Postcards from spring and summer

Sometime this spring, my two youngest grand-daughters had a school project to collect a few postcards from other people in the world. I put out the word to my friends and within days we were blessed by dozens of you, my friends, and friends of friends, taking the time to find a card, write a note to Brooklyn and Peyton, and mail them here to Napa CA USA.

The cards were highlighted on the elementary school library wall. One of their classmates exclaimed to me when I was visiting one day,”They have twenty five hundred postcards!” Not quite.image

Amazing. Love and hugs to all the good people out there.

Special thanks to those of you who then passed the word to your own friends. I’ve read each and every one. My heart is touched.

Apologies for taking so long with this thank you. I was traveling the past month, as soon as school was out, and was not home to picture this.

Once again, my faith in the goodness of strangers has landed smack in my lap. I hope to take time to use your addresses and send you some cards of my own.

This next photo is not near complete. Here are a few of my own postcards I wrote up on the road, had stamped in Canada and then, in an exhausted state of being, forgot to post them before crossing the border to the States.

I’m not near on top of things as the rest of you. I guess I’ll restamp them USA and get them off next week!

IMG_3533

 

It’s the Water!

I never knew I wanted to see Niagara Falls. What was the big deal? Now I know. My recommendation – go there.

After a long and quite eventful day of travel from one country to the other, to “the hat of North America”, Bob and Donna, my couchsurfing hosts and new friends, showed me around their place, giving me the scoop on my sleeping arrangements. I could leave the door open to have the benefit of the air conditioner, and the company of their sweet kitties. “The little black one likes to bite your toes when you sleep, though, just a warning.” It was warm in my room, just the way I like it.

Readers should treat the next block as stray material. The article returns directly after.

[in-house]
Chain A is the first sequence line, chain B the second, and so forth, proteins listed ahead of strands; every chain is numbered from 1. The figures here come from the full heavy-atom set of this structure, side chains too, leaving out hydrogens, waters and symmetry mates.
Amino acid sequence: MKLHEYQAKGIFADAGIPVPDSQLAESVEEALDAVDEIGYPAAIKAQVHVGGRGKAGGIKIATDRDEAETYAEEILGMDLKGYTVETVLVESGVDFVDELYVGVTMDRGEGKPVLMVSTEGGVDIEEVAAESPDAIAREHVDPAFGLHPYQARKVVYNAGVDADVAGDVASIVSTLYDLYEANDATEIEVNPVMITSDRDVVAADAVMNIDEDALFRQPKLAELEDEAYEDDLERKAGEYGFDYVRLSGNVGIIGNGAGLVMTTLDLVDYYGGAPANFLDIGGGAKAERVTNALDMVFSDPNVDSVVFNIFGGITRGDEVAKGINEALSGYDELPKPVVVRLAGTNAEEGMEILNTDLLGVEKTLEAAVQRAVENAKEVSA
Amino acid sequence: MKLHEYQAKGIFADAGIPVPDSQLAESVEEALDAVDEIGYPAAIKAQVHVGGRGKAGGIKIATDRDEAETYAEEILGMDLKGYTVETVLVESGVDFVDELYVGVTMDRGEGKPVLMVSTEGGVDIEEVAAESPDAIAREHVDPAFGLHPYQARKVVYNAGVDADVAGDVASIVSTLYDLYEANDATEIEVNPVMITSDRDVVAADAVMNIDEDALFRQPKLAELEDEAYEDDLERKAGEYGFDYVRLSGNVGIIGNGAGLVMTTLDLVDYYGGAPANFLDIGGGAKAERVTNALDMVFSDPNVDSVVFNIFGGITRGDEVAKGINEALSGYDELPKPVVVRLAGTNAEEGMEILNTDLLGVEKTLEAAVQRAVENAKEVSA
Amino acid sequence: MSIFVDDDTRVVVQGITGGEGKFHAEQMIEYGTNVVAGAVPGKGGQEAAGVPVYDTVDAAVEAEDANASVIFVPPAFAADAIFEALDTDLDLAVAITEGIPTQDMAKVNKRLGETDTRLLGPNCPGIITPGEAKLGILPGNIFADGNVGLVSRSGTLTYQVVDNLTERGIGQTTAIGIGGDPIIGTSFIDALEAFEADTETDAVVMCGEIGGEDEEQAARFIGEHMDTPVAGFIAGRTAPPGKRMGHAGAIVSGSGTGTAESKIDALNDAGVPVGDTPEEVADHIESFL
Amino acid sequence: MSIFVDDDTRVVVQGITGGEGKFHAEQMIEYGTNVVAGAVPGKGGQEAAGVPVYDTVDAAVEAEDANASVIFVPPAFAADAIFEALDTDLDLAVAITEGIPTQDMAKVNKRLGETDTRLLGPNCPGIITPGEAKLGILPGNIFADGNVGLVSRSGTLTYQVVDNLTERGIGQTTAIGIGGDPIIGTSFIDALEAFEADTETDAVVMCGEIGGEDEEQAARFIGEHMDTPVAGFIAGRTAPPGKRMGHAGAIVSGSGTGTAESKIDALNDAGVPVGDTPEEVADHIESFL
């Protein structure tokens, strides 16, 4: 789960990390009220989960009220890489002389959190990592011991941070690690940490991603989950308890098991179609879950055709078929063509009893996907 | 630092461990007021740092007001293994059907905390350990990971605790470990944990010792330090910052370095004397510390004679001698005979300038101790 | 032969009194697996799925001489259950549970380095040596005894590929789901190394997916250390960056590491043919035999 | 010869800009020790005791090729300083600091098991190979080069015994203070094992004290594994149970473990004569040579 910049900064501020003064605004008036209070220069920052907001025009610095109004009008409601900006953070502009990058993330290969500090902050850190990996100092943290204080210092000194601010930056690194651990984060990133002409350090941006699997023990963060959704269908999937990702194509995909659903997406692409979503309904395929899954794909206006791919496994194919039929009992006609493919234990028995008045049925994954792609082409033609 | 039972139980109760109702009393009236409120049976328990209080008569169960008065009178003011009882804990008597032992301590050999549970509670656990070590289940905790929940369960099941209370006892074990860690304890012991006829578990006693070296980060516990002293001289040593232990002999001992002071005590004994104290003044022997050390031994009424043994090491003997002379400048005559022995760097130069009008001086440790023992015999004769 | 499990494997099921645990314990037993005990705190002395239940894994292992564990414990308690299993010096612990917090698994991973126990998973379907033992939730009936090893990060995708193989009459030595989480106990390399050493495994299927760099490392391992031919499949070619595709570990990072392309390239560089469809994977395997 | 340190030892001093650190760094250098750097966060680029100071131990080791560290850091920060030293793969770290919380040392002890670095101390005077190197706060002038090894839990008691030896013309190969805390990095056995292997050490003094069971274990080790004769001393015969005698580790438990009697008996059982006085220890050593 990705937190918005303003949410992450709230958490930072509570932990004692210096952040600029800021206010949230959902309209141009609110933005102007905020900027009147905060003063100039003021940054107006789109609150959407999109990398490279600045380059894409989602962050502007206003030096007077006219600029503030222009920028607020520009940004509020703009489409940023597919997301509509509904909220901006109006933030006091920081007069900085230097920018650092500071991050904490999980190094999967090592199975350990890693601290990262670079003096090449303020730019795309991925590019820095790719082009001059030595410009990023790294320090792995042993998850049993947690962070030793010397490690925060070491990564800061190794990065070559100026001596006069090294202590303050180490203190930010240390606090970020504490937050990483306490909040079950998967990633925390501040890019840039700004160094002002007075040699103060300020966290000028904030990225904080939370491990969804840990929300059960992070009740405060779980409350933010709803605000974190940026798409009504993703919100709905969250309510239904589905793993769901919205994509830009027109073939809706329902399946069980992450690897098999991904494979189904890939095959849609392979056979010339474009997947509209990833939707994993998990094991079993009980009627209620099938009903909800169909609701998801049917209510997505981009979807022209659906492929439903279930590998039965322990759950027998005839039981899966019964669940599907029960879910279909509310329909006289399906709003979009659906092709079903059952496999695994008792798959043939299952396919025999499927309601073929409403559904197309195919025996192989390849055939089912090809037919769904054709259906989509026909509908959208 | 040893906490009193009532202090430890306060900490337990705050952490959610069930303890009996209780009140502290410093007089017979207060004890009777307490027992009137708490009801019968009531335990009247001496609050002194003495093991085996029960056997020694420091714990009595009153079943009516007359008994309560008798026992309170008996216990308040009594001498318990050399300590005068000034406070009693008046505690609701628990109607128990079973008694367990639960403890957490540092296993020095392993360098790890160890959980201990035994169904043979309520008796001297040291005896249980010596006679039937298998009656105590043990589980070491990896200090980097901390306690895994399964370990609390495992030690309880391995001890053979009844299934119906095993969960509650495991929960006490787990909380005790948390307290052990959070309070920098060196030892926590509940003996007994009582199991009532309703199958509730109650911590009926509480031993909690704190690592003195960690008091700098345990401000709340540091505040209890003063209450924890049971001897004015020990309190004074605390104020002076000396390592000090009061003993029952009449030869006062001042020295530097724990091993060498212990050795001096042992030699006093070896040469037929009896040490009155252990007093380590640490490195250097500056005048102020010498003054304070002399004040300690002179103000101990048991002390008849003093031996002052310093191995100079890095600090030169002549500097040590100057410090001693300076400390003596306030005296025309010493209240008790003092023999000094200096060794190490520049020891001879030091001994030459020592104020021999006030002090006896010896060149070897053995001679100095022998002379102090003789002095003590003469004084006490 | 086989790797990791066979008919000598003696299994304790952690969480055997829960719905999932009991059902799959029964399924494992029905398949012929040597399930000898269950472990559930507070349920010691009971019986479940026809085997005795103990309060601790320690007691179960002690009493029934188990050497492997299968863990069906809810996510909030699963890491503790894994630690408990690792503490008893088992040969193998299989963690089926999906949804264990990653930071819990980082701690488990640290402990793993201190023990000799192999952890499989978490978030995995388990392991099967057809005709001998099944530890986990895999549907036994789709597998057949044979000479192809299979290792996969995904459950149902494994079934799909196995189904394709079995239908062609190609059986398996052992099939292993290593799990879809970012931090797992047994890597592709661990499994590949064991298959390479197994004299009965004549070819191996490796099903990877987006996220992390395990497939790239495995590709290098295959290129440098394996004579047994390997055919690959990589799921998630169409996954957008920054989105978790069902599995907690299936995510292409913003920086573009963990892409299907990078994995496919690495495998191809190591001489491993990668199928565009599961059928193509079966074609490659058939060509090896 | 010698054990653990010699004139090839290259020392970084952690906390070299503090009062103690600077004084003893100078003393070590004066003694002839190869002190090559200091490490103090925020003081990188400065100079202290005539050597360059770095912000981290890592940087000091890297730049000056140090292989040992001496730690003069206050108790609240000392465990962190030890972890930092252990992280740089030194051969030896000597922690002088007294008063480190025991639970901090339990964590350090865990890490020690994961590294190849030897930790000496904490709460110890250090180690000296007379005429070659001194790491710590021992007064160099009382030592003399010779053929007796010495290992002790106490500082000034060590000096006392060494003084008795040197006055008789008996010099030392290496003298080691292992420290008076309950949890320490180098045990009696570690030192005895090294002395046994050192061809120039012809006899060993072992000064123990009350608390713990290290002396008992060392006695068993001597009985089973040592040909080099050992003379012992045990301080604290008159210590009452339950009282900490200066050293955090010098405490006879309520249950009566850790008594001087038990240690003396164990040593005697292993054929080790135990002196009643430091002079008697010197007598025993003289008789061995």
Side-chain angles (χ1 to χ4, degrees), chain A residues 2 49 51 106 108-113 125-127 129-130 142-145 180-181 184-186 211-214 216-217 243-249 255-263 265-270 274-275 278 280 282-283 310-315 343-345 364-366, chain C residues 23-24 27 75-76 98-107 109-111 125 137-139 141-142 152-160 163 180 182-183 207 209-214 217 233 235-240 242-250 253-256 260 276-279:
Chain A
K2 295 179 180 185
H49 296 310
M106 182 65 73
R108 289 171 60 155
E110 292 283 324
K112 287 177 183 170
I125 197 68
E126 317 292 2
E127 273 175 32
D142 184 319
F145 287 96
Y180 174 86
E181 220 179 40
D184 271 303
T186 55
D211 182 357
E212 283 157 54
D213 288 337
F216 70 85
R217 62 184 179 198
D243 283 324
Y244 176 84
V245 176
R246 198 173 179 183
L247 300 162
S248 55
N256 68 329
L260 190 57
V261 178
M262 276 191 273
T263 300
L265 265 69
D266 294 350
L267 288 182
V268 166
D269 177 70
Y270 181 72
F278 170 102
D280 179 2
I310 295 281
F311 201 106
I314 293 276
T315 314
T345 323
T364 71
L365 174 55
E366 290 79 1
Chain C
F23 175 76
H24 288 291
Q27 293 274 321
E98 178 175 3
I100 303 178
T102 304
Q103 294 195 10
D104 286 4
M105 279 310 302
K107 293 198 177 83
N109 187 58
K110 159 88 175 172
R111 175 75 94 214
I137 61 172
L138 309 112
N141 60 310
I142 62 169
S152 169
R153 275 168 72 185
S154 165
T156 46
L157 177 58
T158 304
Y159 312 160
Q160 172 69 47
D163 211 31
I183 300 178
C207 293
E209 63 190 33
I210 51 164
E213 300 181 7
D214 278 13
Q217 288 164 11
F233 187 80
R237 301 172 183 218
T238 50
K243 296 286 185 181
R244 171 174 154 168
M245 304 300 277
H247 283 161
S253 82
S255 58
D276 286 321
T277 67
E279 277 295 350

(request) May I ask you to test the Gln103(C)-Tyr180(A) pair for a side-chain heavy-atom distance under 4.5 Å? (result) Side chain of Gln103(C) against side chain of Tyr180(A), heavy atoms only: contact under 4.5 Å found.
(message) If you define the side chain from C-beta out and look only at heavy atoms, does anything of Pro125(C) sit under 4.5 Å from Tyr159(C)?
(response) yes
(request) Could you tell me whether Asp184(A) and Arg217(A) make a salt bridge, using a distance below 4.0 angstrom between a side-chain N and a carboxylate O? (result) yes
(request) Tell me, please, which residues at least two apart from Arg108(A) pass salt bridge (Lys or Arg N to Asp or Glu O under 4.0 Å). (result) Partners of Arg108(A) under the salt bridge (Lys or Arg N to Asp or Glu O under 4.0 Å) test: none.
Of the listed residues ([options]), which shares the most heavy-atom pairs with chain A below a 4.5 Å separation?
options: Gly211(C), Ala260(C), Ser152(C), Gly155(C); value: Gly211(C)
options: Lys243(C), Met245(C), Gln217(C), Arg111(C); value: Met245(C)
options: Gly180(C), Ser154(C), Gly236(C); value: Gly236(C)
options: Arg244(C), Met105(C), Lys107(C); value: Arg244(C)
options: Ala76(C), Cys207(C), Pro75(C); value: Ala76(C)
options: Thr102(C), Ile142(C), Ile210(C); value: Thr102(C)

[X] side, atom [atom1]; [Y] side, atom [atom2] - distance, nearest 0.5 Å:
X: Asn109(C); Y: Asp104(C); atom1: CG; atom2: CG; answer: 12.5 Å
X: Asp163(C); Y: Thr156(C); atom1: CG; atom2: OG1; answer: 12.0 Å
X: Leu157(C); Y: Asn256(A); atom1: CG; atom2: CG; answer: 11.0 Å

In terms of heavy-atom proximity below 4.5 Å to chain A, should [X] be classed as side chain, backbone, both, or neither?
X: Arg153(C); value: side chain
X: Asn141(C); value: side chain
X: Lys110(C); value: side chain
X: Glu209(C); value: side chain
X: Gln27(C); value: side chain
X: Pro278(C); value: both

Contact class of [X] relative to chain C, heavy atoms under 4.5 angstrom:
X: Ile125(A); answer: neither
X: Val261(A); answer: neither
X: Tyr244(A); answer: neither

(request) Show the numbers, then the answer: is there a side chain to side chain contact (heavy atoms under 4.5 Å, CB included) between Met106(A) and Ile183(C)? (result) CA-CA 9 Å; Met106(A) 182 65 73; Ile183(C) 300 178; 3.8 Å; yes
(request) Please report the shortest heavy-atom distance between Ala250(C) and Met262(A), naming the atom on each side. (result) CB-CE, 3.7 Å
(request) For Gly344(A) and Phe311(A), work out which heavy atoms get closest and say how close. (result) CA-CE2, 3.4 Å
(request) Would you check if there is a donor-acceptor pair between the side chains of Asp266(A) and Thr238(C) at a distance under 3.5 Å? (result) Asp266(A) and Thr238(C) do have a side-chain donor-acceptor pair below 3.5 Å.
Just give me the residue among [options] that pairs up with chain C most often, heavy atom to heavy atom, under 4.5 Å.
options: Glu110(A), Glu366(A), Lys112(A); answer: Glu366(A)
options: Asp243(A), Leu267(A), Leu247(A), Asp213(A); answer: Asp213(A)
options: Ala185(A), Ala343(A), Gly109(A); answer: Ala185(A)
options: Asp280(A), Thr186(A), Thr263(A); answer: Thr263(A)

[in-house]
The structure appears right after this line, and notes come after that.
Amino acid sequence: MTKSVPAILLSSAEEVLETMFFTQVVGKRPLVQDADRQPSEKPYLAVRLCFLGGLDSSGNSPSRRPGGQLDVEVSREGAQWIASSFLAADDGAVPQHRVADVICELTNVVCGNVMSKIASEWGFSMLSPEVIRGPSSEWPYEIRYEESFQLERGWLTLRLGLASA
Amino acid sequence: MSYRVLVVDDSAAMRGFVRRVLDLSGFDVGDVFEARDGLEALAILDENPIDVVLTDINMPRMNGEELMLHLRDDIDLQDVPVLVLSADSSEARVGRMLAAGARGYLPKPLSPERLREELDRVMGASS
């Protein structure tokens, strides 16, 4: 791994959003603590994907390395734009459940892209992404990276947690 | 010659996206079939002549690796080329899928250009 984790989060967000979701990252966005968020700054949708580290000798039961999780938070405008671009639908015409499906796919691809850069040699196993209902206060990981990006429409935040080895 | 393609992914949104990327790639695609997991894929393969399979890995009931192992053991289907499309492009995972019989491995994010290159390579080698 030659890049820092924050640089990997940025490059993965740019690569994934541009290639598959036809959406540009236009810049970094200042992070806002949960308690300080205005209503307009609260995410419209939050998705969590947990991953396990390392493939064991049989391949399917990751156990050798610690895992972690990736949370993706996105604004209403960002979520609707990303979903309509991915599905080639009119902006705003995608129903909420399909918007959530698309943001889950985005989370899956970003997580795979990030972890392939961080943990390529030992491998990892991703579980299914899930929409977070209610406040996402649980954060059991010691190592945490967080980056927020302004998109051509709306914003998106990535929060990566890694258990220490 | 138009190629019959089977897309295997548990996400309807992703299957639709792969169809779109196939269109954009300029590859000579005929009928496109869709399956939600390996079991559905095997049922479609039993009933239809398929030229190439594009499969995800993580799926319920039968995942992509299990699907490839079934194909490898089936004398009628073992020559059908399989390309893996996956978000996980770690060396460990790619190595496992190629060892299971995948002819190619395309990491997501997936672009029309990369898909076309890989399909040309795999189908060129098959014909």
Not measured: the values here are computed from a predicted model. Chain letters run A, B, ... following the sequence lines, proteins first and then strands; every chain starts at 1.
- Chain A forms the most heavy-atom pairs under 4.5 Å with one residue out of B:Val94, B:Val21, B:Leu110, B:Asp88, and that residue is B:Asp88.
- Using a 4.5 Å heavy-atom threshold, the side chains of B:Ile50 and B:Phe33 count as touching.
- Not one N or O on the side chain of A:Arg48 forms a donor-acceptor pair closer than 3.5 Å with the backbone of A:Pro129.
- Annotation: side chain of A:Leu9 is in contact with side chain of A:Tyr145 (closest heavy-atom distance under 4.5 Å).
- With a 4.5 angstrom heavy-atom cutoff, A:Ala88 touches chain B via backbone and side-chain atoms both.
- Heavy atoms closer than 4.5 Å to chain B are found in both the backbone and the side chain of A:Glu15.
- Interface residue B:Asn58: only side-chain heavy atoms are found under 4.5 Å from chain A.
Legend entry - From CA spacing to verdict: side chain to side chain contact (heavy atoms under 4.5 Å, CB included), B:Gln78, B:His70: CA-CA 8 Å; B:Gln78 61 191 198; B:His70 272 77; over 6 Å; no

The next morning, Bob was off to his engineering firm, Hamil Machine, designers and manufactures of all kinds of things, including wine barrel racks and conveyer belt automatic wheat grass trimmers. Donna and I went to —IHOP —not IHOB, IHOP. Over easy eggs each of us. I was intrigued by the waitress’s suggestion to order toast for egg dipping, but didn’t ask about it. A couple of days later, on yet another train, I read in my new book, Magpie Murders, that “she was watching her husband dipping a finger of toast in his eggs.” Okay then. Later on, after being home again, my friend pointed out that he dips his toast in his eggs. I’m oblivious.

Traffic was terrible on the second day of Canada Day (this time, Monday, the OFFICIAL day off for Canadians). We decided we’d rather walk and left the car in the IHOP lot. Donna’s sister and daughter met us at the Falls and we all walked and gawked, me the most, at the Falls.

Tickets in hand for three special activities, I went off to do my tourist thing, and they went off on their own, eventually taking a float down some part of the tamer part of a nearby river. Really ice cold water.

The American side of the Falls looked far away and boring. I stayed in Canada. I hopped a bus to walk along the River Walkway, a stretch of river away from the Falls that runs at a class 6 river speed. The power and majesty, the changing colors in the water, the roaring of the river, was as good as it gets. And you know how good that is. I took my time and took it all in, up and down the river and back to the bus through an underground tunnel. I realize it just looks like water, but trust me, the feeling you get as you stand there listening and watching is more than a cold drink of H2O.

Next stop was the Behind the Falls walk, another FAR underground trip, down an elevator and then following along tunnels with lots of other people to stand below and to the side of the Falls. So amazing. Pictures and words can’t tell it all. My crazy writer’s mind wondered if there had ever been a movie made of a disaster in which all the people underground are suddenly thrown into the Falls. The yellow poncho almost made it home with me, but seriously, I had enough to carry around with me. Laptop, books, two kinds of money, snacks and baby wipes.

 

 

Third stop, the Horn Blower. Bob told me later that his company was hired to do some of the reconstruction of the Horn Blower boats when they changed over from the American’s Maid of the Mist.

IMG_3016